Date: Fri, 15-Feb-85 19:06:55 EST
Posted: Fri Feb 15 19:06:55 1985
Date-Received: Sat, 16-Feb-85 16:21:02 EST
[Phenylketonurics: contains phenylalanine]
A guy and I once had an argument about which was faster, an Atari 800 or an
IBM PC. We'd chosen a simple benchmark program for comparison, something like
"roll a pair of six-sided dice 50,000 times, then print a total count of the
number of 7's you got". Comparing the 808* to a 6502 is truly an unfair
comparison, but what the heck. When you're in love with a machine, you'll
make some pretty arrogant claims. This is how it went:
GUY: "We'll do it in BASIC, okay? You use the BASIC on your Atari and I'll use
BASIC on my PC."
ME: "That's not fair. Atari BASIC is the pits. But I am curious..."
GUY: "Well, what did you come up with?"
ME: "The Atari did it in 1 minute, 35 seconds."
GUY: (Laughs.) "The PC did it in 42 seconds."
ME: (Ponders a moment.) "Say, isn't PC BASIC a compiled BASIC? The Atari
BASIC is interpreted. We're comparing apples and oranges here."
GUY: "Yeah. That's true. Okay. Use a compiled language on your Atari."
ME: "Aha! 14 seconds!"
GUY: (Surprised.) "Er, what did you use for a compiler, or should I say,
ME: "I used ACTION!, the new language that looks like a cross between C and
Pascal but lets you get to the Atari O.S. functions the way BASIC does."
GUY: (Thinks a minute.) "Hmmm...I've got the Lattice C compiler for my PC."
GUY: (A little edgy.) "The best I could do in C was 16 seconds. Are you sure
you wrote the code right?"
ME: "Sure. Take a look at it."
GUY: (Scans listing.) "Wow. It sure looks like C code. But wait a minute.
What's this Rand() function here?"
ME: "Oops. I almost forgot. The Atari has a hardware random number
GUY: "What would you expect from a game machine? The PC is a business
computer. You want random numbers, you have to do them in software."
(Scribbles on a piece of paper.) "Here. Replace the Rand() call with
GUY: (Acting smug.) "How did it do?"
ME: "Ah. Not so good. Only 16.7 seconds with the software-generated random
numbers. But what can you expect? The Atari clock rate is only around
2 Meg, while the PC's clock rate must be at least 5 MHz."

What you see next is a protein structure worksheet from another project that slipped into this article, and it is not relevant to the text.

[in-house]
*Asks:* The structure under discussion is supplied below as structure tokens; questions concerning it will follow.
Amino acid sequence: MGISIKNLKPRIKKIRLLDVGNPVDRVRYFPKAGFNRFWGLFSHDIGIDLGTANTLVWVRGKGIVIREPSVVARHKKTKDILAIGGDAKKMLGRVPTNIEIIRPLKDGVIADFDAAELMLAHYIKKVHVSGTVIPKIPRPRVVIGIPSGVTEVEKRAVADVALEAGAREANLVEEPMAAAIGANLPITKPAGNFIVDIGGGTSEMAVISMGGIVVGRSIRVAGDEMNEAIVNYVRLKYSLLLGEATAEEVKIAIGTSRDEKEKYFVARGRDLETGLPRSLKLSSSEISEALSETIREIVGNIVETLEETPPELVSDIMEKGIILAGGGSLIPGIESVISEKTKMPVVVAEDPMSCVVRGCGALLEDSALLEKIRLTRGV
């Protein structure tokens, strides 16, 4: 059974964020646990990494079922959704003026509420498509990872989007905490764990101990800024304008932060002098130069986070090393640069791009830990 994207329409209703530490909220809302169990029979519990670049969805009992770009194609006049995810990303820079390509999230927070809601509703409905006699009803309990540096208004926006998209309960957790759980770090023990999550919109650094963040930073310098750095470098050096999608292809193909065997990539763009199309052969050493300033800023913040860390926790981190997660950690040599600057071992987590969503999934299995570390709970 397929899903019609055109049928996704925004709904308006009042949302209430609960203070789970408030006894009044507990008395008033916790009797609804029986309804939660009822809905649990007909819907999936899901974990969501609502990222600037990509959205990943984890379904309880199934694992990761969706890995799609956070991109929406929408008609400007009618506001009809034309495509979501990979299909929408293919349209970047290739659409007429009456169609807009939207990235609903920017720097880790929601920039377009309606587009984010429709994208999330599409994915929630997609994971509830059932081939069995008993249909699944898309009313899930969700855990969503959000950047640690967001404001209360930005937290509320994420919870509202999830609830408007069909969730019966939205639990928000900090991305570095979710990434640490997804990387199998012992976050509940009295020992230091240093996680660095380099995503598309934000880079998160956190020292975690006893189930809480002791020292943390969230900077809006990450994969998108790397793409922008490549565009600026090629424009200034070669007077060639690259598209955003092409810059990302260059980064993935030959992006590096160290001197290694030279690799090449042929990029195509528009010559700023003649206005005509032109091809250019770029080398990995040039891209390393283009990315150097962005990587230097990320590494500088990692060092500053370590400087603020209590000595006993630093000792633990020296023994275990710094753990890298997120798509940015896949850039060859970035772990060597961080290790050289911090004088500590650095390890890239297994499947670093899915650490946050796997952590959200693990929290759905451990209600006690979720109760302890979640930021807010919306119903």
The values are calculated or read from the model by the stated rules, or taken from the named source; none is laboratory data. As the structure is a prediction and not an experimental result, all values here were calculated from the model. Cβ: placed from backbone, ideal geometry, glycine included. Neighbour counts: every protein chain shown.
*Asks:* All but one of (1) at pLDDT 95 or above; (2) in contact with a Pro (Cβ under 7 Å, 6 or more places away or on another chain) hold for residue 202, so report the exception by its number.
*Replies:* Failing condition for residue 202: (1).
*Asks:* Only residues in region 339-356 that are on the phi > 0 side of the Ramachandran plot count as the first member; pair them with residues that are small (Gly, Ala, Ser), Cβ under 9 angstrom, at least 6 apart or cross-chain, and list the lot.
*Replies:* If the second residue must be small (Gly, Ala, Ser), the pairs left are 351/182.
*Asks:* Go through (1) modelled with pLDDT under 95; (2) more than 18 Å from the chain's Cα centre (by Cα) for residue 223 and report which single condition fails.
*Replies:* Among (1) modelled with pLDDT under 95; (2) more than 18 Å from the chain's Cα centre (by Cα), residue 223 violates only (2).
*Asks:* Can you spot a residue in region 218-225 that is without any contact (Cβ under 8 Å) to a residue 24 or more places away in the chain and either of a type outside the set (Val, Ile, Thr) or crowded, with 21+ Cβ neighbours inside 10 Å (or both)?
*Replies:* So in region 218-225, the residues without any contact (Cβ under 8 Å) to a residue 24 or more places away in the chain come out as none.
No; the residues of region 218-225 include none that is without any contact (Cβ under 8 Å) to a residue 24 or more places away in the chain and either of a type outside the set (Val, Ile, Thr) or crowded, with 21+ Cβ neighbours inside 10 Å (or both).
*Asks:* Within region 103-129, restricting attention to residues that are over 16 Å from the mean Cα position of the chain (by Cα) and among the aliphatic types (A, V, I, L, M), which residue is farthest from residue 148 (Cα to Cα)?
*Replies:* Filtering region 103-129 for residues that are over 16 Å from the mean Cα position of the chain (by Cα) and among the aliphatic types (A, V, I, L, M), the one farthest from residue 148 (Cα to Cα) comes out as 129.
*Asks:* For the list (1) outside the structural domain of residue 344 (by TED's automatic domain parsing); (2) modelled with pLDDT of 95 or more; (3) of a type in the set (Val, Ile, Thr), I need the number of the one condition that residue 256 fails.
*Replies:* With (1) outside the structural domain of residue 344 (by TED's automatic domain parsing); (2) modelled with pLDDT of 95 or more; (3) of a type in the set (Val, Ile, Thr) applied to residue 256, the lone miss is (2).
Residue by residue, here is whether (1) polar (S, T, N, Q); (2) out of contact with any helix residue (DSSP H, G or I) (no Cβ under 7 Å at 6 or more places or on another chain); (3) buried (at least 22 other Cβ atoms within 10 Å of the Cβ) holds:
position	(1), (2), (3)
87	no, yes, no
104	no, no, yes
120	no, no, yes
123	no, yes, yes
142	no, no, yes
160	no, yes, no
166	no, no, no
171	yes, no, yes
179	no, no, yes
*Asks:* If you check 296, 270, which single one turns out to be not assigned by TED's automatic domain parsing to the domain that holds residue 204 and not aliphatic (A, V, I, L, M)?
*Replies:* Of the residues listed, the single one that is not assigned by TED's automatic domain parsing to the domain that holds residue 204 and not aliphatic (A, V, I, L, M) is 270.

GUY: (Grinning from ear to ear.)
ME: "By the way, how long did it take you to compile the benchmark on your
GUY: (Still grinning.) "About a minute and a half."
ME: "If I compiled mine from disk, it only took 25 seconds..."
GUY: (Grin fading.)
ME: "...but I didn't compile it from disk because it's too slow. So I
compiled the code directly from the editor buffer. That took about
GUY: (Beginning to look upset.)
ME: "...of course, ACTION! lets you turn off the video DMA during compilation,
so you gain another 33% or so."
GUY: (Looks angry. Threating.)
ME: "...I almost forgot--I could have turned off video DMA at run time, too.
Gee, that means that the Atari would have won in every category!"
GUY: (Grabs ME by the throat. Well, almost.)
ME: "Uh, how about a nice, relaxing game of Star Raiders?"
That story was based on true events. Obviously, the IBM PC will blow the
keycaps off the Atari in many cases, but I've got to say this: The ACTION!
development environment is the fastest, most efficient I've ever used. The
edit-compile-test cycle with this compiler/editor is less than 10 seconds.
The editor "page flips" the entire screen as fast as you can hit a keystroke
and, if that isn't fast enough, a stubby routine I wrote in ACTION! causes
the software auto-repeat key function to run at lightning speeds. The editor
contains a split window feature (like a scaled-down EMACS), plus a cut-and-
paste facility that is a marvel of cognitive engineering. So what if it has a
few bugs? It sure beats 6502 assembly language!
After fumbling along all day on a big, powerful VAX 780 and a 9600 baud
terminal, it is a pleasure to sit down at the end of the day to do some
hacking on a hobby computer with a "toy compiler".
-- Mike Gancarz
"These views are not those of my employer, etc., etc."